The Biden administration is under pressure from Haitian rights activists and civil society groups to curb its support for Haitian President Jovenel Moïse’s planned referendum and election during a time of rising violence and kidnappings. “Two members of Haitian civil society, a former U.S. ambassador to Haiti and the leader of a Haitian American nongovernmental organization working on immigration issues testified before American lawmakers Friday, saying no elections can be held because the Haitian Provisional Electoral Council lacks credibility and gang violence is rising … The panel urged officials not to support Haitian President Jovenel Moise’s plan to hold a constitutional referendum in June, followed by legislative and presidential elections in September and November of this year,” Sandra Lemaire reports for VOA.

OTHER U.S. DEVELOPMENTS

The Senate yesterday confirmed Deb Haaland to lead the Interior Department, making her the first Native American to serve as a Cabinet secretary. Darryl Fears reports for the Washington Post.

A Capitol Police officer has been suspended pending investigation “after anti-Semitic reading material was discovered near his work area on Sunday,” the department said. “Photographs provided to The Washington Post show a printed copy of the Protocols of the Meetings of the Learned Elders of Zion on a table inside an entrance to the Longworth House Office Building,” Mike DeBonis and Tyler Pager report for the Washington Post.

The lawyer of charged Minneapolis police officer Derek Chauvin, who is currently standing trial for the death of George Floyd, yesterday asked the presiding judge to delay the trial and move it outside the city due to growing attention around the City of Minneapolis’ agreement to a $27 million civil settlement with the Floyd family, which Chauvin’s attorney has expressed could tarnish the trial. Following lawyer Eric Nelson’s request, which also included the judge re-interviewing seven members of the jury, Judge Peter Cahill confirmed that he will consider a postponement and also interview the jury members who were seated last week. Tim Arango and John Eligon report for the New York Times.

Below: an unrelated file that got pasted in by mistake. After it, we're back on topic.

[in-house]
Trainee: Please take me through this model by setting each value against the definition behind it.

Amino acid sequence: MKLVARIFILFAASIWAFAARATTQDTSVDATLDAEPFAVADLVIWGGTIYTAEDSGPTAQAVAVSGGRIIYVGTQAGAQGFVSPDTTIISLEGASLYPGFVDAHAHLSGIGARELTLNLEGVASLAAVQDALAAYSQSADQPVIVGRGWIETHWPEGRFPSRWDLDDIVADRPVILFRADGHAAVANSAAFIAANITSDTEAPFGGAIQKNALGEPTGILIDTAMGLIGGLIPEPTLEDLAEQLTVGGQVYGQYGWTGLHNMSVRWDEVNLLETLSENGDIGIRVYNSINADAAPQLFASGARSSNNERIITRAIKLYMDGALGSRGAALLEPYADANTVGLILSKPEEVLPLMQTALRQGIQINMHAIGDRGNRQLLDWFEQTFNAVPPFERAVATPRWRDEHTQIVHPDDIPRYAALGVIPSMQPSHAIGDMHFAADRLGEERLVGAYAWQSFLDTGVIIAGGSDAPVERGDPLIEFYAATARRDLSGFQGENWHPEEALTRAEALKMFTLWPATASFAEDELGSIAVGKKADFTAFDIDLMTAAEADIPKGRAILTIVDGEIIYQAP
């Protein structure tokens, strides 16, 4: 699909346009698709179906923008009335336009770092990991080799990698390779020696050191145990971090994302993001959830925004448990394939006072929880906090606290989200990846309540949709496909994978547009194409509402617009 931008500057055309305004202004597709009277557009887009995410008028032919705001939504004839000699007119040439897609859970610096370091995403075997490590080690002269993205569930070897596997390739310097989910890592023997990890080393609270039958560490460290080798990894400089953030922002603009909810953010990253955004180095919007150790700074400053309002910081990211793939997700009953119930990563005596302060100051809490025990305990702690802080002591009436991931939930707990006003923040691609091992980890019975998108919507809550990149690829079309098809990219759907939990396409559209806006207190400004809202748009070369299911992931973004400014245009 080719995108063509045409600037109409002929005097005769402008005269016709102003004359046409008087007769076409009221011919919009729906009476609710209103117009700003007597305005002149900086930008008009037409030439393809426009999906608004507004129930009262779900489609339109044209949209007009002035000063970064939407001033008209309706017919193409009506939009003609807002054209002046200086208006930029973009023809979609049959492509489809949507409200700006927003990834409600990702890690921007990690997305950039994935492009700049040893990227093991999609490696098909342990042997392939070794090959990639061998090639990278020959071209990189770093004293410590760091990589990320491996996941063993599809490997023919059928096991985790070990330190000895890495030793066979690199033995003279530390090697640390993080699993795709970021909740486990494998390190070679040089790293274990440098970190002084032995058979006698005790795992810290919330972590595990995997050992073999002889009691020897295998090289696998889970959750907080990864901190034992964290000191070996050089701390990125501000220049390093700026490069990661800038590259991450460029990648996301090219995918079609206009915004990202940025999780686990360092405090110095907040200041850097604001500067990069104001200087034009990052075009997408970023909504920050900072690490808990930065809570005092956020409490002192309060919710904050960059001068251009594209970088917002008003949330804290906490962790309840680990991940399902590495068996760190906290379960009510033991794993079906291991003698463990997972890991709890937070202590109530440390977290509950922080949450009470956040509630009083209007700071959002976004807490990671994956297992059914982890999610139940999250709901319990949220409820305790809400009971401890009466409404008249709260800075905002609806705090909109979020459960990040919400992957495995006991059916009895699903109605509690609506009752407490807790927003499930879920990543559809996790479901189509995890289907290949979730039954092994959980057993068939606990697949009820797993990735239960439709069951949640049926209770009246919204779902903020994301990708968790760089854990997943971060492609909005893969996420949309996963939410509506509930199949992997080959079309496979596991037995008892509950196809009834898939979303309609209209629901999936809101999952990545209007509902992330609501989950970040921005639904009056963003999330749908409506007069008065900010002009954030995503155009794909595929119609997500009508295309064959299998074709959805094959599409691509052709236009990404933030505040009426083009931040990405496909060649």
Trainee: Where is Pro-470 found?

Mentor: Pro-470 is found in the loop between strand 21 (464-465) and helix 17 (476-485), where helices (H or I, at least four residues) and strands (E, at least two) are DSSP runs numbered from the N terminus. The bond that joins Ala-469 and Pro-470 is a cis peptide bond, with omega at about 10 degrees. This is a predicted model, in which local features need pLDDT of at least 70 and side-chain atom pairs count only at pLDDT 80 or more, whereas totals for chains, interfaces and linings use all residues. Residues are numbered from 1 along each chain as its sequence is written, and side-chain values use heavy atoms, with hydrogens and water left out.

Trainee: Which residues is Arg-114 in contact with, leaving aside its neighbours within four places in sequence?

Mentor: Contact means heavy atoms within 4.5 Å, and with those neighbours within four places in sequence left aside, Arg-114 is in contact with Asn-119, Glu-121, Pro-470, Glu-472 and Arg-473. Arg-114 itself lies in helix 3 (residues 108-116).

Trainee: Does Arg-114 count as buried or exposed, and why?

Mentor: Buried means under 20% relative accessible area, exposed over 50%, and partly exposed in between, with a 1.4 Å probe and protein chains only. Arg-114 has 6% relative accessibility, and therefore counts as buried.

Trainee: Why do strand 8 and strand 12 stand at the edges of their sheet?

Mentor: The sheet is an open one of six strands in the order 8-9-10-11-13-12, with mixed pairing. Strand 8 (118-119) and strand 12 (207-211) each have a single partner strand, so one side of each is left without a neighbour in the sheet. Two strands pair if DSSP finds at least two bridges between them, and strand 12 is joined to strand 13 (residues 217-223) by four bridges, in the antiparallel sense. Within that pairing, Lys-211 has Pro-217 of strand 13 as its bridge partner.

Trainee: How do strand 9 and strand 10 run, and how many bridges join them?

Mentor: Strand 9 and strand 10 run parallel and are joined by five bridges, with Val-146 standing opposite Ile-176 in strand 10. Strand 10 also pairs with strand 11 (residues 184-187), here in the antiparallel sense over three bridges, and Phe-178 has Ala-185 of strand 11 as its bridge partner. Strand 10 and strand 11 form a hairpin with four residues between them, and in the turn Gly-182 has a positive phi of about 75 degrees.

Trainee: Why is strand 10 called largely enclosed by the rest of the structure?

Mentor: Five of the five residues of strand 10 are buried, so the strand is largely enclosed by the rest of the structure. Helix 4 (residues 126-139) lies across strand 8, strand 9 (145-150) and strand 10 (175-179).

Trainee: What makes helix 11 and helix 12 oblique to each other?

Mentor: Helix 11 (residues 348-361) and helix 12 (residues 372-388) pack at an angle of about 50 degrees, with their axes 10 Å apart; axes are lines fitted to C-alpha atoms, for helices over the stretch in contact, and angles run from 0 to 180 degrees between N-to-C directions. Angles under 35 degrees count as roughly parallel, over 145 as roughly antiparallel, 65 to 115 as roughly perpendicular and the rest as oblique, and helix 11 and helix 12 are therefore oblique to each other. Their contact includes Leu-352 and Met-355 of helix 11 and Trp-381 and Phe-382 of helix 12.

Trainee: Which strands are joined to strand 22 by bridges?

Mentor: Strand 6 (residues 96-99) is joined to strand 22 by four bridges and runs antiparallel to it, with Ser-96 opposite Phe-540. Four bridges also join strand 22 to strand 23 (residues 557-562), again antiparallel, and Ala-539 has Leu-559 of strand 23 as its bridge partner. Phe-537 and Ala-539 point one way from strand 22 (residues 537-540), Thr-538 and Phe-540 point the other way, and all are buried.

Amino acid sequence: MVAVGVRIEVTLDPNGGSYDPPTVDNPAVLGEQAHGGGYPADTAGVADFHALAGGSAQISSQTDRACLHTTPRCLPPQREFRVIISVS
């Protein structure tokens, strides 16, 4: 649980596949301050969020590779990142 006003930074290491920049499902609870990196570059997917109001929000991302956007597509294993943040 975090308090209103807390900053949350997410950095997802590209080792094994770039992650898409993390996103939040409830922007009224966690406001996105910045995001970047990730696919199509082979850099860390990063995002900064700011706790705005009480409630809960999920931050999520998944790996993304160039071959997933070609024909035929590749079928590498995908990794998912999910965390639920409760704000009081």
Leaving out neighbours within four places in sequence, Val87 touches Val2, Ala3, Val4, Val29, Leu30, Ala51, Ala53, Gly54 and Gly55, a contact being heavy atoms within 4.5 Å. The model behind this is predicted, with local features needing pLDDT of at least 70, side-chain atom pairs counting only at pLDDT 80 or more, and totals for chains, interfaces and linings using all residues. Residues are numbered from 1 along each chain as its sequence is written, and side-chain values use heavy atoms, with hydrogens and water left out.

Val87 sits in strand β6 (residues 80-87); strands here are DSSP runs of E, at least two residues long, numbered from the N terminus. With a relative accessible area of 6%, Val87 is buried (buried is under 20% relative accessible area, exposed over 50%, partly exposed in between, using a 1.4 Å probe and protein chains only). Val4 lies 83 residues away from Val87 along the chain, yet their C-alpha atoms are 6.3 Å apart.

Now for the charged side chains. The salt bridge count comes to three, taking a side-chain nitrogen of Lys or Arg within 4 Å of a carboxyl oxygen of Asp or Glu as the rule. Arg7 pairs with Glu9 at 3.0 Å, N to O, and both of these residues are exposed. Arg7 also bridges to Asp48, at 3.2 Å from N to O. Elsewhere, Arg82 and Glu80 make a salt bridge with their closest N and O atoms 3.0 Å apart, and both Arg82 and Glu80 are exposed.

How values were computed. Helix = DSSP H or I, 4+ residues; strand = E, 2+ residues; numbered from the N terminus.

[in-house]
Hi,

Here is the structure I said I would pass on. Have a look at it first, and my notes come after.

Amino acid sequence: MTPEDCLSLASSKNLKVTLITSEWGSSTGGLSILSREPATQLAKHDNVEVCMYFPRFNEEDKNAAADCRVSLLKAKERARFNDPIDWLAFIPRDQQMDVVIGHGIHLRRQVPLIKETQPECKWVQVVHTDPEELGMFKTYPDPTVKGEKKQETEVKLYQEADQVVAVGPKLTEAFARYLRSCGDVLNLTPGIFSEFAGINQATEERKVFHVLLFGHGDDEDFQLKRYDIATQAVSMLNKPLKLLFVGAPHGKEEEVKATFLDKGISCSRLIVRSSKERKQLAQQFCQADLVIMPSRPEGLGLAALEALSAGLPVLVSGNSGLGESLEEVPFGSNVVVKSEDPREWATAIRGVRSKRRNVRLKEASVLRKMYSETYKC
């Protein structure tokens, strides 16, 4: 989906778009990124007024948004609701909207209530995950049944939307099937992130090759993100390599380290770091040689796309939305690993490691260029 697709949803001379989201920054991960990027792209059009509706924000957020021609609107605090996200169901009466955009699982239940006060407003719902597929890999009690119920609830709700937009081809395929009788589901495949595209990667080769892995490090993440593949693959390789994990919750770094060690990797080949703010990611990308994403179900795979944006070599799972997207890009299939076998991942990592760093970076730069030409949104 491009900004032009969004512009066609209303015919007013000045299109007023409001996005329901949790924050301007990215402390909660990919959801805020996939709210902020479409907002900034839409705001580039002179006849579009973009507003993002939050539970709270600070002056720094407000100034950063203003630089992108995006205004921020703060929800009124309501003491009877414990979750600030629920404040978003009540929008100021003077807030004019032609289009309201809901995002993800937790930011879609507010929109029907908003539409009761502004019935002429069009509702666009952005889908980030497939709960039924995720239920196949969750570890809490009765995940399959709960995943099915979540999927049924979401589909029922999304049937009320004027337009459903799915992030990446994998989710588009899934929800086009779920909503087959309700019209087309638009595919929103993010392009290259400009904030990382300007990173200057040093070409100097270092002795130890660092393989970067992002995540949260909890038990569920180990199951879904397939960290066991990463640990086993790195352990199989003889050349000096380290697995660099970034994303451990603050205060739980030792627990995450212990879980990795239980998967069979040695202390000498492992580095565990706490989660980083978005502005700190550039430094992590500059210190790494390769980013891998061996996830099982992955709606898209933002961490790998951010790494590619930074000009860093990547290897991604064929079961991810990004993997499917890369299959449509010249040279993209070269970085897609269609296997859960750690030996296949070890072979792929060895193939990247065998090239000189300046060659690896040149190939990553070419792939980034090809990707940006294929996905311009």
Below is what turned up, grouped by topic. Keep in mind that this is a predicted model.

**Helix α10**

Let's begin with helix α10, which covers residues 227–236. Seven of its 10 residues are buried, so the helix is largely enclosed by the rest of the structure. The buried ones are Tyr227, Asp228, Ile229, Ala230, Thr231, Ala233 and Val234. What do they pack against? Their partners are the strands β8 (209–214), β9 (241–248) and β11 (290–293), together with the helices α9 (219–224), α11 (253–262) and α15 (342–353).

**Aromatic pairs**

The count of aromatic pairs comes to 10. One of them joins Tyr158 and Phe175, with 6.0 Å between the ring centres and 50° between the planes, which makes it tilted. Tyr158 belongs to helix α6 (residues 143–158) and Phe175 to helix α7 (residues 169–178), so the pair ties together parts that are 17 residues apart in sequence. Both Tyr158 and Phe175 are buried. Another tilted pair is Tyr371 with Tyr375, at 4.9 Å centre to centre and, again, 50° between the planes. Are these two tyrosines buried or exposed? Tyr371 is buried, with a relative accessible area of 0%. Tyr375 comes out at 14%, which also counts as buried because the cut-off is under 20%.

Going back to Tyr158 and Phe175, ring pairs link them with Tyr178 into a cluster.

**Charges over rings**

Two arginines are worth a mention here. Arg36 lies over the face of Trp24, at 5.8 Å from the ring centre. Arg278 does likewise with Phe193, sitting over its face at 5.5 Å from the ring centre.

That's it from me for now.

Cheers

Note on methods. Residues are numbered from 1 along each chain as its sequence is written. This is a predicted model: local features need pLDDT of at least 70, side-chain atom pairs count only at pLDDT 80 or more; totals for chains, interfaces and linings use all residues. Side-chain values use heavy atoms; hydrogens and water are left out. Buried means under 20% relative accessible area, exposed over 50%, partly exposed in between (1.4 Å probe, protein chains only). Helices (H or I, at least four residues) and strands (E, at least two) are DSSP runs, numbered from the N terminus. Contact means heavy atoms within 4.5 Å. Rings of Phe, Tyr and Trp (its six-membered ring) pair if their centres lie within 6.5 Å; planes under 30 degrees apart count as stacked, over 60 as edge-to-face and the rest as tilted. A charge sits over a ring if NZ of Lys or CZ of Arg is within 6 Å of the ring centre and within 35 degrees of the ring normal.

CORONAVIRUS

The novel coronavirus has infected over 29.49 million and now killed over 535,600 people in the United States, according to data compiled by Johns Hopkins University. Globally, there have been over 120.28 million confirmed coronavirus cases and over 2.66 million deaths. Sergio Hernandez, Sean O’Key, Amanda Watts, Byron Manley and Henrik Pettersson report for CNN.

President Biden has tapped Gene Sperling to oversee the implementation of the $1.9 trillion coronavirus relief package, an administration official said. “A White House official said Sperling will work with leaders of White House policy councils and other key agencies to get funds out quickly, speed up the administration’s work to battle the coronavirus pandemic and will partner with state and local governments. Biden did the same when he oversaw the implementation of the 2009 stimulus package,” report Laura Barrón-López and Ben White report for POLITICO.

Biden has vowed that within ten days 100 million Covid-19 vaccines will have been administered as well as 100 million stimulus checks received. “Over the next 10 days, we’ll reach two giant goals. The first is 100 million shots in people’s arms will have been completed in the next 10 days, and 100 million checks in people’s pockets,” Biden said during a speech at the White House. Grace Panetta reports for the Business Insider.